One and a half million of them and not a forked tongue in sight, thankfully. The snake’s head fritillary flower is nationally rare but 80% of what’s left in the UK grows in North Meadow, a national nature reserve at Cricklade near Cirencester. OK, I have to admit that this is nowhere near Stroud. Yes, yes, OK, I admit it’s not even in Gloucestershire but just over the border in Wiltshire. However, this spring spectacle is worth the 45 minute drive from Stroud – there really are hardly any other places in the country to see this and at least one and a half million of them really do flower every year in the meadow. Plus, the best bit is that you’re literally inches away from the flowers as the footpath takes you through the middle of this floral exuberance.
The snake’s head fritillary is in the lily family, and most of the flowers are a deep purple colour with about 10% of the population pure white. The ‘snakes head’ bit of the name refers to the shape of the flower bud and also the chequered pattern on the flowers which resemble overlapping scales on snake’s skin (with a bit of imagination). It has lots of other names: chequered lily, deadman’s bell, leper’s lily, sulky lady, shy widows, and crowcups are some of them. It’s also been called wild tulip. Up until the 1970s, it was found in hundreds of places around the UK and it seems that villages gave it their own name.
Fritillaries have an incredible way of attracting bees to pollinate their flowers. They burn sugar inside the flower so they can emit a near infra-red light glow when the flower is at its most fertile. The inner part of the flower also emits ultra-violet light and bees can see both of these types of light. Woah! That’s almost science-fiction! Fortunately, the flower doesn’t grow taller than 50 cm so there’s no danger of a repeat performance of the Little Shop of Horrors (go see this musical if you don’t know what I’m talking about, it’s great fun).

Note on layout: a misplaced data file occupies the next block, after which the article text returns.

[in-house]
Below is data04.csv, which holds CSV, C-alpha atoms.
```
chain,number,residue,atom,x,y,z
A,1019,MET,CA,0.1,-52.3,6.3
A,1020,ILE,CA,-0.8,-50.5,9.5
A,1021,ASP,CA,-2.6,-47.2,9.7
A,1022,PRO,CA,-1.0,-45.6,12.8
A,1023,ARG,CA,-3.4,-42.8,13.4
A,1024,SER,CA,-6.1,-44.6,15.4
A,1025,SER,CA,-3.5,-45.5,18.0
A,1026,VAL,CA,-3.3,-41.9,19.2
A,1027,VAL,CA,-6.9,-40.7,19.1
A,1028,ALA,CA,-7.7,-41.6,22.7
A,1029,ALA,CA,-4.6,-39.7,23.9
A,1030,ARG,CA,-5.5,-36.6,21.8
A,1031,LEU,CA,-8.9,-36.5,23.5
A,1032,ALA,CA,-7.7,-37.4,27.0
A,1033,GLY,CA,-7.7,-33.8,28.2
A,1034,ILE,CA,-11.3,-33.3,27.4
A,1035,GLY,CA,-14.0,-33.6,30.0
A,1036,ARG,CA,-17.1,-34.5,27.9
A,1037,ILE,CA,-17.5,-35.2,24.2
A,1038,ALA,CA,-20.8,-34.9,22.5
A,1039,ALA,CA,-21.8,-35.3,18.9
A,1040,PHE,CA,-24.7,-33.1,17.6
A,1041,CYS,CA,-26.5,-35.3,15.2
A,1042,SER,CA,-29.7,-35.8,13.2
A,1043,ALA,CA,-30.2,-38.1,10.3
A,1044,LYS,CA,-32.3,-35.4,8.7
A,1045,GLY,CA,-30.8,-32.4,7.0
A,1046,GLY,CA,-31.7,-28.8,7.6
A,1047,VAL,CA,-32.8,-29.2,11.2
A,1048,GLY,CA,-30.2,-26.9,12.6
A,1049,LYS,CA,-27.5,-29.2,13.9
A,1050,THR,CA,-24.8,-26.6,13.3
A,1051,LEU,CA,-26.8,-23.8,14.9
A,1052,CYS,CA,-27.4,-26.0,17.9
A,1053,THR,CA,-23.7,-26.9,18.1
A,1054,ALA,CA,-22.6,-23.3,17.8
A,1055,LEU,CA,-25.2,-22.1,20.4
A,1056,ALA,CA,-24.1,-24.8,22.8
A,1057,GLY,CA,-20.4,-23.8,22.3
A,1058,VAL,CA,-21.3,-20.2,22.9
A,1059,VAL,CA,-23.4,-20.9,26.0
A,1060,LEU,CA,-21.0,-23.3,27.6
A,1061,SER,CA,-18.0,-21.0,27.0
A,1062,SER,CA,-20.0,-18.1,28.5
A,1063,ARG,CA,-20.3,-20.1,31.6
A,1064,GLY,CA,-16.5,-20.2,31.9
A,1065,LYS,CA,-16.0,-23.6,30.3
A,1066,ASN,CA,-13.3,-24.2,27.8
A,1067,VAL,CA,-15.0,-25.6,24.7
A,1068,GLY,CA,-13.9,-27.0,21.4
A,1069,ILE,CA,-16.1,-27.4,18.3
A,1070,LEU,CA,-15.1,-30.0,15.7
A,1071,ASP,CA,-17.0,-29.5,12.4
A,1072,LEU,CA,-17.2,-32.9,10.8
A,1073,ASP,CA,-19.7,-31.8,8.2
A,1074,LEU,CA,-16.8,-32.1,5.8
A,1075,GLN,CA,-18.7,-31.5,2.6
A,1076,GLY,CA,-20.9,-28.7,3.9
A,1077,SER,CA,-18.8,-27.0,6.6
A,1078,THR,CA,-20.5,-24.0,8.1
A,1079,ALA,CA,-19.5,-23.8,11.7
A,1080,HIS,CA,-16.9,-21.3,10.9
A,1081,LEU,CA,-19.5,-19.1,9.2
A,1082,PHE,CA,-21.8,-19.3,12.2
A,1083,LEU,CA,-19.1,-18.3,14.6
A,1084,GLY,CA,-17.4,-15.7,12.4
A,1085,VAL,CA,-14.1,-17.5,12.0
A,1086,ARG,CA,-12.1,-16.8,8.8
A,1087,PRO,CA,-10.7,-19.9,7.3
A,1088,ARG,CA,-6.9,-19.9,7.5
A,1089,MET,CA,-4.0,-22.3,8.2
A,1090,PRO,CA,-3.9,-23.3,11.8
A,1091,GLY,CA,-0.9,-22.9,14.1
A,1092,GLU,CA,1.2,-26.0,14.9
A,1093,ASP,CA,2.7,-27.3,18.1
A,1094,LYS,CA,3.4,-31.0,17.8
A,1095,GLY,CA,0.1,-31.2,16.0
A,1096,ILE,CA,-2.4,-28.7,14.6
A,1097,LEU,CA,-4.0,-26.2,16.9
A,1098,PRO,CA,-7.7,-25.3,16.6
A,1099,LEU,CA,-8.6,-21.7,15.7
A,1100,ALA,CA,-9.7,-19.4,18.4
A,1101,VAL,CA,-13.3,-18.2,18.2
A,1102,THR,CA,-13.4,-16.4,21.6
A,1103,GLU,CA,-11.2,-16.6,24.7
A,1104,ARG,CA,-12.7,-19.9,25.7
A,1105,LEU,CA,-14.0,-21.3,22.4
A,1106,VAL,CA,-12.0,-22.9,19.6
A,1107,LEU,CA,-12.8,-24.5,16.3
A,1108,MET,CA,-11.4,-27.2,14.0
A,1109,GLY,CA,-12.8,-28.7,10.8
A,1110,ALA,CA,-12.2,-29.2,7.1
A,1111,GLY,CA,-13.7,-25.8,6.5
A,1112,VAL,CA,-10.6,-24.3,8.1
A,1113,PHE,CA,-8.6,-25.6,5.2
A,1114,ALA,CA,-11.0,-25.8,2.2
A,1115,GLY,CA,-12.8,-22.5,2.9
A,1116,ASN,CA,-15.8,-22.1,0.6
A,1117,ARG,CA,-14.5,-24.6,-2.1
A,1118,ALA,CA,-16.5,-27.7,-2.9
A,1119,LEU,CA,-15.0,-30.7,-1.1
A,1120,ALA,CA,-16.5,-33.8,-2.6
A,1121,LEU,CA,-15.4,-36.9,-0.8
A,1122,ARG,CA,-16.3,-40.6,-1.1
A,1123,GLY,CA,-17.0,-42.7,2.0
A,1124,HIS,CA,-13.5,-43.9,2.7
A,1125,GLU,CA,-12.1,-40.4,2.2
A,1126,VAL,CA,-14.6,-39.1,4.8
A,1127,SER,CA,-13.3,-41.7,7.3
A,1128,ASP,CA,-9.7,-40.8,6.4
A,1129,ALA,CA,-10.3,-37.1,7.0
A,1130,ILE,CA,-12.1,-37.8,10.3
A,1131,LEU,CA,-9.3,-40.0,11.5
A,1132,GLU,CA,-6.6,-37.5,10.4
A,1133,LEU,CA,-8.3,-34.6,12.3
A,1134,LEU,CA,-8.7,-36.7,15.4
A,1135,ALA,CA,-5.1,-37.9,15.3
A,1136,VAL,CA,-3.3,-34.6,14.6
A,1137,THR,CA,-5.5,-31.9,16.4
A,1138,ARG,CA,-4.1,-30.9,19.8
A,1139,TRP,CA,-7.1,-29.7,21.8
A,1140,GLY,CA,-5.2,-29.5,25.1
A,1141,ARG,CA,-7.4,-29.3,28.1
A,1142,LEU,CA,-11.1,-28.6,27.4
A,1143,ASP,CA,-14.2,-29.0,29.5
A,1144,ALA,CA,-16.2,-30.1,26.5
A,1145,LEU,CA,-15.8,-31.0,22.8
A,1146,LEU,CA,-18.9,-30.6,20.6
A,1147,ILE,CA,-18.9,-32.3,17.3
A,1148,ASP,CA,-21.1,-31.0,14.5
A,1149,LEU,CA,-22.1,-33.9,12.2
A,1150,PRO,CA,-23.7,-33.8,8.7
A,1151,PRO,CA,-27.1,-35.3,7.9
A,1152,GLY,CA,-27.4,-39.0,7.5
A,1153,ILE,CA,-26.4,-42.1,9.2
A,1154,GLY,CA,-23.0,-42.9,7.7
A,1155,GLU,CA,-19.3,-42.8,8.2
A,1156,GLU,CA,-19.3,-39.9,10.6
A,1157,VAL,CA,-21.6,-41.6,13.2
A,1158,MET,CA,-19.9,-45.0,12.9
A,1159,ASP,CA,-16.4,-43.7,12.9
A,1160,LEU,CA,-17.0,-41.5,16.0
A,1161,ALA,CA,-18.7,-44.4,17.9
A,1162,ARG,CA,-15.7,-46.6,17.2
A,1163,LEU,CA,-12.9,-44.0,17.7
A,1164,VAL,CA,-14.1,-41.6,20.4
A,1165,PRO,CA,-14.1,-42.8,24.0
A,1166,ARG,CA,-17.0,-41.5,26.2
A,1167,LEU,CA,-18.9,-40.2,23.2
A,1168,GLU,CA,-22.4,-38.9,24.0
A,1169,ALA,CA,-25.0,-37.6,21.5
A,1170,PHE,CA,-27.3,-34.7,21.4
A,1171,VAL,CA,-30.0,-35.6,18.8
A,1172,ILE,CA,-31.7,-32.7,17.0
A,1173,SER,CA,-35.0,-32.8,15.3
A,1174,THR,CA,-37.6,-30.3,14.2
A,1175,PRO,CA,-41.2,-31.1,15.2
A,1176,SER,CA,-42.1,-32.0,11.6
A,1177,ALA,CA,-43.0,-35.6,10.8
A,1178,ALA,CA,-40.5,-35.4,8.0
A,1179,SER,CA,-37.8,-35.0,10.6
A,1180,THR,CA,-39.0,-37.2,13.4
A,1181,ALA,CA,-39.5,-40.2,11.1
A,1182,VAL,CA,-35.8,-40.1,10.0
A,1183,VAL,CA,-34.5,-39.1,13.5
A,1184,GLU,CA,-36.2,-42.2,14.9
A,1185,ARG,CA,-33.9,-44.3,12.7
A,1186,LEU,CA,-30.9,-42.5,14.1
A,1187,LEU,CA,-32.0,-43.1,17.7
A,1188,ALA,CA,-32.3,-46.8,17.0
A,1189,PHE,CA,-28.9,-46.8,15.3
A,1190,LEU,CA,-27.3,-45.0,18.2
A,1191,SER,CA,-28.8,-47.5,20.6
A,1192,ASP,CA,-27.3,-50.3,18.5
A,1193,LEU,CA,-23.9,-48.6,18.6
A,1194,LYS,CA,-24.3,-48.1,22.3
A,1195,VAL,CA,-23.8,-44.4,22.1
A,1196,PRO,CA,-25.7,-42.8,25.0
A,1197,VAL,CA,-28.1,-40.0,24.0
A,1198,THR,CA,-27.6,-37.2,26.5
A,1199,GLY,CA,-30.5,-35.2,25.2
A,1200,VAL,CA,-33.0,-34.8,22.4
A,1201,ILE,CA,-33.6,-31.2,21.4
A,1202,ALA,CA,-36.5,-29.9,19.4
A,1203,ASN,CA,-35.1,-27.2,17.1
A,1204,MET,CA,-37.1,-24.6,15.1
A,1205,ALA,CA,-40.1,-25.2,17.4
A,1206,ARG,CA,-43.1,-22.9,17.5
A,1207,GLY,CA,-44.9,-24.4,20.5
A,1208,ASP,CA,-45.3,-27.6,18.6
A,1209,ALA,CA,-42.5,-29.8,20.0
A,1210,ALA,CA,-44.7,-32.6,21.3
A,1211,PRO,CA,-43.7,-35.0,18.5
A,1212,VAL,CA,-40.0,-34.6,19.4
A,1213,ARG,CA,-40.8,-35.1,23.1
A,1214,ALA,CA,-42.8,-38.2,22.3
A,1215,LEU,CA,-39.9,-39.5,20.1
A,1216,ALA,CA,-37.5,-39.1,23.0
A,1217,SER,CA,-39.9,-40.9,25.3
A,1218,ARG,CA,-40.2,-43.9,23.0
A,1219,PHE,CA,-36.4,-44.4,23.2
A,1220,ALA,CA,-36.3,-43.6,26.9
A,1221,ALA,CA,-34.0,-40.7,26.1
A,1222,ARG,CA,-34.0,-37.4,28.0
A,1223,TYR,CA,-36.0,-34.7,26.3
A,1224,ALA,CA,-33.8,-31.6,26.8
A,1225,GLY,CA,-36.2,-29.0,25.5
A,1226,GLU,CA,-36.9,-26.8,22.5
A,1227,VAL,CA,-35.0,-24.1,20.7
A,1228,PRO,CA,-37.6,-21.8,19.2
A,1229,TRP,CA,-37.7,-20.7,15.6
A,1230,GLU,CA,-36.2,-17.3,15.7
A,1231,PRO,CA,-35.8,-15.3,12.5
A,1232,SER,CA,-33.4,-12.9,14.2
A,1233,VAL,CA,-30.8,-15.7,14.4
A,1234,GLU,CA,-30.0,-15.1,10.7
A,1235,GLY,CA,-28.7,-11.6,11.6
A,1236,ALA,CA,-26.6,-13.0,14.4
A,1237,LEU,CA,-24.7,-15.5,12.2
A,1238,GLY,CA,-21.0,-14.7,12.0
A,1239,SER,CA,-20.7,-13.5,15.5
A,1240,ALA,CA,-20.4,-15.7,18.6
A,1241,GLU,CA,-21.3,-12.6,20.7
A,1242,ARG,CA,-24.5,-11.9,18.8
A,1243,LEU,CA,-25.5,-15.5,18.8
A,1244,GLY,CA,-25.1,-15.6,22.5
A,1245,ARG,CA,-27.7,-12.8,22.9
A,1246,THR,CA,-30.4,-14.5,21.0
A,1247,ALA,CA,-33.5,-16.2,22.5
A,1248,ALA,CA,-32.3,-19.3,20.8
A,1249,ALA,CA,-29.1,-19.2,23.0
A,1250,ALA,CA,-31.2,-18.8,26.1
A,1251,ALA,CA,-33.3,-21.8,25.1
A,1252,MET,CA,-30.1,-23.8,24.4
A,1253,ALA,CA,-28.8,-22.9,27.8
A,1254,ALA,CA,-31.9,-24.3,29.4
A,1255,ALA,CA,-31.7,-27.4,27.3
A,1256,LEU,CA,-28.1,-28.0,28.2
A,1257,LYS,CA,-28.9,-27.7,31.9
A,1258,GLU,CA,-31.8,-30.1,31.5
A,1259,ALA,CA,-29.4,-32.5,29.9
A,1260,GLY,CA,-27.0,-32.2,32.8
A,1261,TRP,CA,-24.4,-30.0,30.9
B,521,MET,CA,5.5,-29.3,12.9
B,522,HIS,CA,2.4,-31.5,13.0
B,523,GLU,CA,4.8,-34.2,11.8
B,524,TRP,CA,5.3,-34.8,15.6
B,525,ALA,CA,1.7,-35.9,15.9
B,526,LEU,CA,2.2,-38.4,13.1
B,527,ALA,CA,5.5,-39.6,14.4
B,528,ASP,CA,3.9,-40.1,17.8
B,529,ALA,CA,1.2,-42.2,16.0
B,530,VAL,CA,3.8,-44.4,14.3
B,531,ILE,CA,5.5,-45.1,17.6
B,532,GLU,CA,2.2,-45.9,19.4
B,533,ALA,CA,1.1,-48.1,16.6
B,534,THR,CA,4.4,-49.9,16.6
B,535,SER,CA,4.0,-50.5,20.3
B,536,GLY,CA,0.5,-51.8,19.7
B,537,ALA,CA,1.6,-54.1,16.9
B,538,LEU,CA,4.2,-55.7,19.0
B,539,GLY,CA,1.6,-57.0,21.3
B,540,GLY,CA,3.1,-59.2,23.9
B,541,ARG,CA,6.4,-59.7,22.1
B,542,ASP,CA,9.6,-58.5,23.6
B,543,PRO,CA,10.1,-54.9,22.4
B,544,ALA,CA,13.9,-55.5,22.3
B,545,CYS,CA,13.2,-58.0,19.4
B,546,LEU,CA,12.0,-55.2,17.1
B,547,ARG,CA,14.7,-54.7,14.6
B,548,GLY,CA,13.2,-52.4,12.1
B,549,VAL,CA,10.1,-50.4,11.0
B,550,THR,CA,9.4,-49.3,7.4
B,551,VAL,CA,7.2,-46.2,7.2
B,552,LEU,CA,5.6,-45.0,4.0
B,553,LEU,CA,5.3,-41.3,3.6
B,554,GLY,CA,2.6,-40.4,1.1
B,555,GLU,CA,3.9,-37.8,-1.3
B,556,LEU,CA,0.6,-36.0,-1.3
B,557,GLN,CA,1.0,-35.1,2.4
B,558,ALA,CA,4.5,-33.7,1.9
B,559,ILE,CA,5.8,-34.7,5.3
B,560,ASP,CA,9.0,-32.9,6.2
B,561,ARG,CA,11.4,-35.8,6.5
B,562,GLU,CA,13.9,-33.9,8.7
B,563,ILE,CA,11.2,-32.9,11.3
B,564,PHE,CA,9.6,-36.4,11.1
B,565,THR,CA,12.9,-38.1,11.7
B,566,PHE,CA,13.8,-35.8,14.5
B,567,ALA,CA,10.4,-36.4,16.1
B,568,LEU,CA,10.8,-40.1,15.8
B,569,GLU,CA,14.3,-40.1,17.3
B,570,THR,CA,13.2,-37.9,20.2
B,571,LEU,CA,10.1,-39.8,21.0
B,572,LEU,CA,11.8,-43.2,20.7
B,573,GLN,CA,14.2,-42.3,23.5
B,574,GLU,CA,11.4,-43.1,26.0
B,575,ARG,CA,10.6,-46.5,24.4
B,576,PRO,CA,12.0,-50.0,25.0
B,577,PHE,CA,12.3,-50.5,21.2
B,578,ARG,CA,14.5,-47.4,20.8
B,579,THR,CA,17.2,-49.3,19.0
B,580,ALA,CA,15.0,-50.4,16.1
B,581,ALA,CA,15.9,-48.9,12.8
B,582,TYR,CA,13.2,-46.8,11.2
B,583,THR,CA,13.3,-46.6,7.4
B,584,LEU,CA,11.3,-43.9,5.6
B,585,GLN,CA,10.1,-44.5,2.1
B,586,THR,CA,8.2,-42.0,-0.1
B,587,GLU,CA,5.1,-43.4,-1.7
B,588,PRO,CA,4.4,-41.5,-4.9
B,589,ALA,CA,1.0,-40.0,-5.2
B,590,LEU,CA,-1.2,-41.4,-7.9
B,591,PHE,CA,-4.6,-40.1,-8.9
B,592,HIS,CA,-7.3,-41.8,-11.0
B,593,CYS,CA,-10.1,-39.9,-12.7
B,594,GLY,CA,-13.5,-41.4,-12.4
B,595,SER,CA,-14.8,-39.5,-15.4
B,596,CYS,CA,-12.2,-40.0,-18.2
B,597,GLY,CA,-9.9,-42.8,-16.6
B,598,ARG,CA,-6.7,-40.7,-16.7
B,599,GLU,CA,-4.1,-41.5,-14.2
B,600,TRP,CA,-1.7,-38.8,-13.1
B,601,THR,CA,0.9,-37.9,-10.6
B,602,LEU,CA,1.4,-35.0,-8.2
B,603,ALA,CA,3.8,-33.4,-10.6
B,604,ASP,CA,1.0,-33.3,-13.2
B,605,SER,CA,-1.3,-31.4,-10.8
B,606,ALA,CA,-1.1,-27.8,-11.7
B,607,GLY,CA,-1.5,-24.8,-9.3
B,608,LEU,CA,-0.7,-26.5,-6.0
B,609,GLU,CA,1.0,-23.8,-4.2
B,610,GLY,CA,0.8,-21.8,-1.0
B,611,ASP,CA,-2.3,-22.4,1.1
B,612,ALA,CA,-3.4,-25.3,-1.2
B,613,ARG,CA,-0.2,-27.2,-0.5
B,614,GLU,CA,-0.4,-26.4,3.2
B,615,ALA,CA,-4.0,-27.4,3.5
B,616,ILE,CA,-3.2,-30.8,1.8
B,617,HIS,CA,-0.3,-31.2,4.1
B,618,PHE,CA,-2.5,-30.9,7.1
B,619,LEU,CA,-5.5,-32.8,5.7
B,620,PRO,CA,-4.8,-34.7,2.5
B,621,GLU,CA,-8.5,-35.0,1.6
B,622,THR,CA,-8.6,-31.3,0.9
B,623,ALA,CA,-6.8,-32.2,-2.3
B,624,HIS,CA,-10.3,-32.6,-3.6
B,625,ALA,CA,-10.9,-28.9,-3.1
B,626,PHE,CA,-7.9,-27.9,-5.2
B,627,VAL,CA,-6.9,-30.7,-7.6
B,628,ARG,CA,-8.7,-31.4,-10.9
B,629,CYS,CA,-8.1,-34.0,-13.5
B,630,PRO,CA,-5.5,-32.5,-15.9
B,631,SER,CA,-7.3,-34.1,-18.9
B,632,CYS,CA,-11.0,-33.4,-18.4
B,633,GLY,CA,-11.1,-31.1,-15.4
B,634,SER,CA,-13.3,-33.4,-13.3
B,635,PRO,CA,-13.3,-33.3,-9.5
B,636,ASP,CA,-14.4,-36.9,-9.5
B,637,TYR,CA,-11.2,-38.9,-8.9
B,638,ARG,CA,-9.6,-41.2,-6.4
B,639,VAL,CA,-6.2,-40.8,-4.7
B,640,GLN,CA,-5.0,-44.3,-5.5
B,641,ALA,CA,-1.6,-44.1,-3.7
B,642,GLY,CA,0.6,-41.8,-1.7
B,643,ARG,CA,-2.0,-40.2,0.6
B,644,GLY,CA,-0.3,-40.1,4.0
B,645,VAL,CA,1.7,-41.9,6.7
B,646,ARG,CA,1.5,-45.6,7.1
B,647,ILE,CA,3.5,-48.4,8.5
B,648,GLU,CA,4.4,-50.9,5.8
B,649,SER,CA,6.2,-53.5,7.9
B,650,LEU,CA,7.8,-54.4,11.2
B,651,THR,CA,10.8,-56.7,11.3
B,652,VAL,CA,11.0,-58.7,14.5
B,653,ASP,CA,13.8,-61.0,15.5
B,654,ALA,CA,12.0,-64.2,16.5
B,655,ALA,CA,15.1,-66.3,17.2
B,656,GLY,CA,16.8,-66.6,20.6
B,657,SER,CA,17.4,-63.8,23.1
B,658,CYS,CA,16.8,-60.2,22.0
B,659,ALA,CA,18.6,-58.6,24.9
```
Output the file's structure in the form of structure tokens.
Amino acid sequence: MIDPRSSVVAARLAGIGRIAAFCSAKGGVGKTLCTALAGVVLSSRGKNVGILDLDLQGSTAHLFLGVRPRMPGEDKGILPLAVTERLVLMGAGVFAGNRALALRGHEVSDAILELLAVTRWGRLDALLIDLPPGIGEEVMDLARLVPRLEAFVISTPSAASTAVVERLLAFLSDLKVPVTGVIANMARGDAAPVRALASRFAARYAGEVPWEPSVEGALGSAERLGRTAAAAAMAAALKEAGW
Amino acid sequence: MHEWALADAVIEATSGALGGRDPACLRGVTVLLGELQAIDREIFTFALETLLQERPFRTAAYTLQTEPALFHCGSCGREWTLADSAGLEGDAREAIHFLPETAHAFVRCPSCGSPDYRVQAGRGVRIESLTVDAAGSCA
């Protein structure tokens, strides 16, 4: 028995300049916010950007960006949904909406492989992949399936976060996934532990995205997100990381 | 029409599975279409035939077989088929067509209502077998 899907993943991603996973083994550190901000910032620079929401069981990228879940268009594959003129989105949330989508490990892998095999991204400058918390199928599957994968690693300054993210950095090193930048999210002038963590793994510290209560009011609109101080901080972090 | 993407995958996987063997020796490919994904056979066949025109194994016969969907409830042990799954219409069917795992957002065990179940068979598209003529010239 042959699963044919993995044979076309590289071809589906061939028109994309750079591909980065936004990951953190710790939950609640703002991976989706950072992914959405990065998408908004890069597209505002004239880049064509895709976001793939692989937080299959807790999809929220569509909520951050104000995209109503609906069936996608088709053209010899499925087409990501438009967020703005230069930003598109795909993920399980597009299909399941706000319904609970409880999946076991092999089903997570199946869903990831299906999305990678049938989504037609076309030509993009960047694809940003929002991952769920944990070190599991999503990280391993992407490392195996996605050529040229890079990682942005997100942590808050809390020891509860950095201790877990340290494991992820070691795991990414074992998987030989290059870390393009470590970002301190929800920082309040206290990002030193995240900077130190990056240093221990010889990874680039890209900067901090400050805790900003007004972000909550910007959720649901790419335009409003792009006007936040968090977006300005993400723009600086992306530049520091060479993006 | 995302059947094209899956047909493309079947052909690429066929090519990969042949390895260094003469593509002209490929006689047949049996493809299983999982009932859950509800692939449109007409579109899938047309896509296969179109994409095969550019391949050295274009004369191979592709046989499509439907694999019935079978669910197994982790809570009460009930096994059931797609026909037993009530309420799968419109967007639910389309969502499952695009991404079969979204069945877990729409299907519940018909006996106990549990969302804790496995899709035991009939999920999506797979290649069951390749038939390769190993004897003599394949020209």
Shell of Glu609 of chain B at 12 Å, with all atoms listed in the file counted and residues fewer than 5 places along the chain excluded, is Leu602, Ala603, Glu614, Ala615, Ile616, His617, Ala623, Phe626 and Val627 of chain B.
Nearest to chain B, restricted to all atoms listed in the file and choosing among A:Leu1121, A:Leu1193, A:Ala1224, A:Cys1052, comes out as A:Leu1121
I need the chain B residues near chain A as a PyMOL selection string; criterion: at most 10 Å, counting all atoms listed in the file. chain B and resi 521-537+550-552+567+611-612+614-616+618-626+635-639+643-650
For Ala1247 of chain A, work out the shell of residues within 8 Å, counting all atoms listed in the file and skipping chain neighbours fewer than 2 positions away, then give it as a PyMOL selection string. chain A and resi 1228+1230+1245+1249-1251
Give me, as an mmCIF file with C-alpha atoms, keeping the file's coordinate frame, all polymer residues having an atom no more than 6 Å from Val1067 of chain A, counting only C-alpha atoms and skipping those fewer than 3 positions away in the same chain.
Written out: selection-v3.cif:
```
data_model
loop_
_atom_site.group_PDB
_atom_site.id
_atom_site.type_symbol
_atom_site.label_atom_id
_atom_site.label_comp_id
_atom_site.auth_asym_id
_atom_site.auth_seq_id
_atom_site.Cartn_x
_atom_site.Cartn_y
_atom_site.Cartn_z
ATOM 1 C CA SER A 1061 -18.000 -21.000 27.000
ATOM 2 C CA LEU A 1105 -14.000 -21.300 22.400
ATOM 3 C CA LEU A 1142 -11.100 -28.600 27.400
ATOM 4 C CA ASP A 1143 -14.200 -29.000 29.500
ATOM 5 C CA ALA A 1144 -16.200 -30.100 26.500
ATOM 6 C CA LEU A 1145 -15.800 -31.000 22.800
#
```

Why has it disappeared? The old types of water meadow which were perfect places for fritillaries to flourish have been drained or developed. North Meadow is one of a handful of these meadows that still remain and it’s now a national nature reserve, owned by the conservation body, English Nature, which manages and protects it.
There used to be thousands of water meadows along the River Thames – which runs along one side of North Meadow – and the river would flood them during the winter. This layer of water would keep the soil warmer than other agricultural fields and it’d also dump a layer of silt which would fertilise the soil. Farmers created a system of ditches and sluices so they could control the flooding, draining the meadow early in spring to let the grass start growing well before other pasture. It gave them a head start to the farming year. But modern fertilisers and fast-growing types of grass made this traditional system less cost and time-effective.
There are also some other lovely flowers growing in the meadow – great clumps of sun-yellow marsh marigold, delicate pale pink cuckoo flower, and the cheerful, ubiquitous dandelion. The snake theme is carried on with the very rare adder’s tongue fern but this is small, green and very hard to find. There are also sky larks nesting there which will serenade you on your walk, plus the hedges are alive with many other birds singing – black caps, wrens, great tits are just a few.
When to visit: